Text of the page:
The Interstate Commerce Commission yesterday exempted from federal regulation "piggyback" rail and truck services provided when truck trailers and containers are placed on railroad flatcars, effective March 23.

Yesterday's ICC decision is the first taken under a provision of the Staggers Rail Act of 1980 which encouraged the agency to deregulate sectors of the rail industry when it finds regulation is no longer necessary to protect shippers from the abuse of market power by railroads.

The ICC said it believes that vigorous truck competition exists and that exempting piggyback services from regulation is likely to stimulate improvements in service without threatening any harm to individual shippers.

However, to make sure that the prospect for increased competition is not diminished, the ICC said it would not grant antitrust immunity for the collective setting of piggyback rates. "Independent pricing is needed to protect shippers and connecting carriers from potential abuses of market power.

The exemption will disperse this power and deliver the benefits of intermodal and intramodal competition to the public," the ICC said.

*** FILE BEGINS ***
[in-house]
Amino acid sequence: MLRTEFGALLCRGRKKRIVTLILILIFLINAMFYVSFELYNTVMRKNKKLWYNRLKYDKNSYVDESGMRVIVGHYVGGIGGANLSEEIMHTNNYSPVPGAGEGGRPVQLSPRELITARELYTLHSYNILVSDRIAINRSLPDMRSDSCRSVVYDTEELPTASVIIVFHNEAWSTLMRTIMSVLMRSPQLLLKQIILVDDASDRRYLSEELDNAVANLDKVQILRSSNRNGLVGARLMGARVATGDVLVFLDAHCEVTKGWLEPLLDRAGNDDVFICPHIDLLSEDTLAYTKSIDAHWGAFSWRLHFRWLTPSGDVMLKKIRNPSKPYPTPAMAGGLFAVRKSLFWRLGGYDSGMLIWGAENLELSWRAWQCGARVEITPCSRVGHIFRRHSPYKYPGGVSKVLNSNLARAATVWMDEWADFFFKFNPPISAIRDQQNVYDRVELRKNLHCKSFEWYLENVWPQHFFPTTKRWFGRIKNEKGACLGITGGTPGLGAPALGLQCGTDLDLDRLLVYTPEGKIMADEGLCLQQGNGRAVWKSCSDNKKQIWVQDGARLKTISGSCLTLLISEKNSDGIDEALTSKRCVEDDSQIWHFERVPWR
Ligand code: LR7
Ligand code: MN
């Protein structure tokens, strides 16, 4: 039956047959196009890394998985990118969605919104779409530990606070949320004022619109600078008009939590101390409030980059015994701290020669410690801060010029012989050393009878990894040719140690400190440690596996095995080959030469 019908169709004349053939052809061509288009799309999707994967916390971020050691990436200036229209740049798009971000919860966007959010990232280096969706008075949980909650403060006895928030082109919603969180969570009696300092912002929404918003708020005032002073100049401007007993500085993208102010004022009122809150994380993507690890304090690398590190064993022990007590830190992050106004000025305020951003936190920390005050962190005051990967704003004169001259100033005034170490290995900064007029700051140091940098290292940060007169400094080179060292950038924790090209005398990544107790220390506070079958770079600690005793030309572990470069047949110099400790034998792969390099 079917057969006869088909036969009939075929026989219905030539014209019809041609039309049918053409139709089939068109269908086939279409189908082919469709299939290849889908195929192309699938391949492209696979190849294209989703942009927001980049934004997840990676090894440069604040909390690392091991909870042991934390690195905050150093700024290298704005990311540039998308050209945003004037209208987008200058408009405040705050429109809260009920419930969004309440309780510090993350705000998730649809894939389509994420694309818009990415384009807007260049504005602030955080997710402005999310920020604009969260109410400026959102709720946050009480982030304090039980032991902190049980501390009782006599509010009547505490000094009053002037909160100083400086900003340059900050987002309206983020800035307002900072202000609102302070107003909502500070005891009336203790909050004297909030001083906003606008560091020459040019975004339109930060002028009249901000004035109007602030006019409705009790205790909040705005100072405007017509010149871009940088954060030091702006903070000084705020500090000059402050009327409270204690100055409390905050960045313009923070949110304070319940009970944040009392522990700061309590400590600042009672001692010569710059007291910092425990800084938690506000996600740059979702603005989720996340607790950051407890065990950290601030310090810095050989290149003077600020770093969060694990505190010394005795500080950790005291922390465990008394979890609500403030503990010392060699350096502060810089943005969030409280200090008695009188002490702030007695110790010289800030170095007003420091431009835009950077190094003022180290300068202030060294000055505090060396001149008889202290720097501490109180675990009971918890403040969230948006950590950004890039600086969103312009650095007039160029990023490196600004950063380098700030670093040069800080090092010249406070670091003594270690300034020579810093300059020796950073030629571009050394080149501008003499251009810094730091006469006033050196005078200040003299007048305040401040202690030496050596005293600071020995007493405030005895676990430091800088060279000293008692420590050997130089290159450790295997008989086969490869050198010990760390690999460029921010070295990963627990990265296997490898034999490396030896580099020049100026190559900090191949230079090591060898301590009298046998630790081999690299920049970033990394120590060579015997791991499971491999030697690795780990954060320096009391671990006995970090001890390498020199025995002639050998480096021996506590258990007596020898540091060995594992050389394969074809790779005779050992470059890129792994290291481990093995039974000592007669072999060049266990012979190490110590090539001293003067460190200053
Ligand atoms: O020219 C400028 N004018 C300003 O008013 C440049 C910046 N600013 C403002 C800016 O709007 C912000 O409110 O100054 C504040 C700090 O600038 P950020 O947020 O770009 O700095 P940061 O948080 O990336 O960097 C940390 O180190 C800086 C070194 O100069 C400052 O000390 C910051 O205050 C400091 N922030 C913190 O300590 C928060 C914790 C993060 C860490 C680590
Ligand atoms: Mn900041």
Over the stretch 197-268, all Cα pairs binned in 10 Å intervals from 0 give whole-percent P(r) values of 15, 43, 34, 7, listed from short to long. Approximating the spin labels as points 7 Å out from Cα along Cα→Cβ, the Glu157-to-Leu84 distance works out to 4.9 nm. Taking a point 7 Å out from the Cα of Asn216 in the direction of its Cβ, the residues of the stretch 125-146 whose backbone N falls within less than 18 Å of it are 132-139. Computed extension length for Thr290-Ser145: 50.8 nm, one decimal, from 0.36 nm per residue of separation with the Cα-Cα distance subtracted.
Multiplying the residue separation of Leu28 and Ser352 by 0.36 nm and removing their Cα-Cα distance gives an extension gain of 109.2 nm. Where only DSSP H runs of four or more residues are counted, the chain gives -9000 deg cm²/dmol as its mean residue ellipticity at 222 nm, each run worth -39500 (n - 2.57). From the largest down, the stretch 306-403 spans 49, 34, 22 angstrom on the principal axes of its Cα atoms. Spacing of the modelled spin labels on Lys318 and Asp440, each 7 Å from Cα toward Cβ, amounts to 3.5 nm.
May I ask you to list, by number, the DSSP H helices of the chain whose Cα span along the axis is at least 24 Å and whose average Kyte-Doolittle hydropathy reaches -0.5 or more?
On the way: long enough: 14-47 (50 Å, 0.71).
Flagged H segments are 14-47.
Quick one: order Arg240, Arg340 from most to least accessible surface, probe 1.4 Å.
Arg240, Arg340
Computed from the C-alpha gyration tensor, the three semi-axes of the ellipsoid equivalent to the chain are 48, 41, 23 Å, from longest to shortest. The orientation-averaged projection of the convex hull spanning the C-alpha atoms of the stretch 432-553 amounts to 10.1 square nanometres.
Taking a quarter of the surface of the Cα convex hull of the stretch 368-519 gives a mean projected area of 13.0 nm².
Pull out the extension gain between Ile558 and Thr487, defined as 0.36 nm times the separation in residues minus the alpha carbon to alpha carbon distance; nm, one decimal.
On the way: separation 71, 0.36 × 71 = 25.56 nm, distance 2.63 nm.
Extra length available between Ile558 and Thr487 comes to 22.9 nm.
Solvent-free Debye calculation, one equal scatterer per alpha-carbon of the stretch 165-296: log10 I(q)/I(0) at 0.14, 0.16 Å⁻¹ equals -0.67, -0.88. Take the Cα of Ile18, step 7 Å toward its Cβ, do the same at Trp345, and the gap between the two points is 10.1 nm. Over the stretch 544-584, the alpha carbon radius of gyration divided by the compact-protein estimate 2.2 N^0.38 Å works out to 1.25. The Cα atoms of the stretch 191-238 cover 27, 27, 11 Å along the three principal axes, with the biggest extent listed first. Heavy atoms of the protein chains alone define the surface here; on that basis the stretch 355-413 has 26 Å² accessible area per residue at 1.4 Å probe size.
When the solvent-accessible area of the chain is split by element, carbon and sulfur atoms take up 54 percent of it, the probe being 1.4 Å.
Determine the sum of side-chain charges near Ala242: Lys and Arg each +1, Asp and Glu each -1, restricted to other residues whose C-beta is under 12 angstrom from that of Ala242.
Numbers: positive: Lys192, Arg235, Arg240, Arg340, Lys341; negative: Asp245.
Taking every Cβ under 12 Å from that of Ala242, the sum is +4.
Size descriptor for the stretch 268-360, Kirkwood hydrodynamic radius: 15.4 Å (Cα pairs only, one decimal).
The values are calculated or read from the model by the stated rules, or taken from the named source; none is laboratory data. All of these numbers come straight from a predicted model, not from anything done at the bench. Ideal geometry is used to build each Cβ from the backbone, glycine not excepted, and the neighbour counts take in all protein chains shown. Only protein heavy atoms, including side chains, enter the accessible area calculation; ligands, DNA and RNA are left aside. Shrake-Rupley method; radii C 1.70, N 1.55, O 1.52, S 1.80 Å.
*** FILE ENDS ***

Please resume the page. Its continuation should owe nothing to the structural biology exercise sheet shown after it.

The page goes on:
Although it said it could appreciate the concern expressed by the trucking industry that exemption of rail service could offer railroads a regulatory advantage in competing fot the piggyback traffic, the ICC said, "we believe that the proper regulatory response is to seek means of freeing motor carriers from regulatory restraints so that they may compete on equal terms rather than continue to constrain the railroads."

The exemption could prove very important to the rail industry. Although the ICC said yesterday that federal regulation has impeded the full development of piggyback and other services that involve more than one form of transport, the energy efficient piggyback mode is already a very important segment of the freight industry. By category of freight hauled by the railroads, piggyback already ranks second only to coal, accounting for 7.8 percent of total rail car loadings, according to Association of American Railroads statistics.

In addition, most of what moves in the containers or trucks on the flatbed cars is high-valued manufactured products which provides a substantial amount of revenue for the railroads.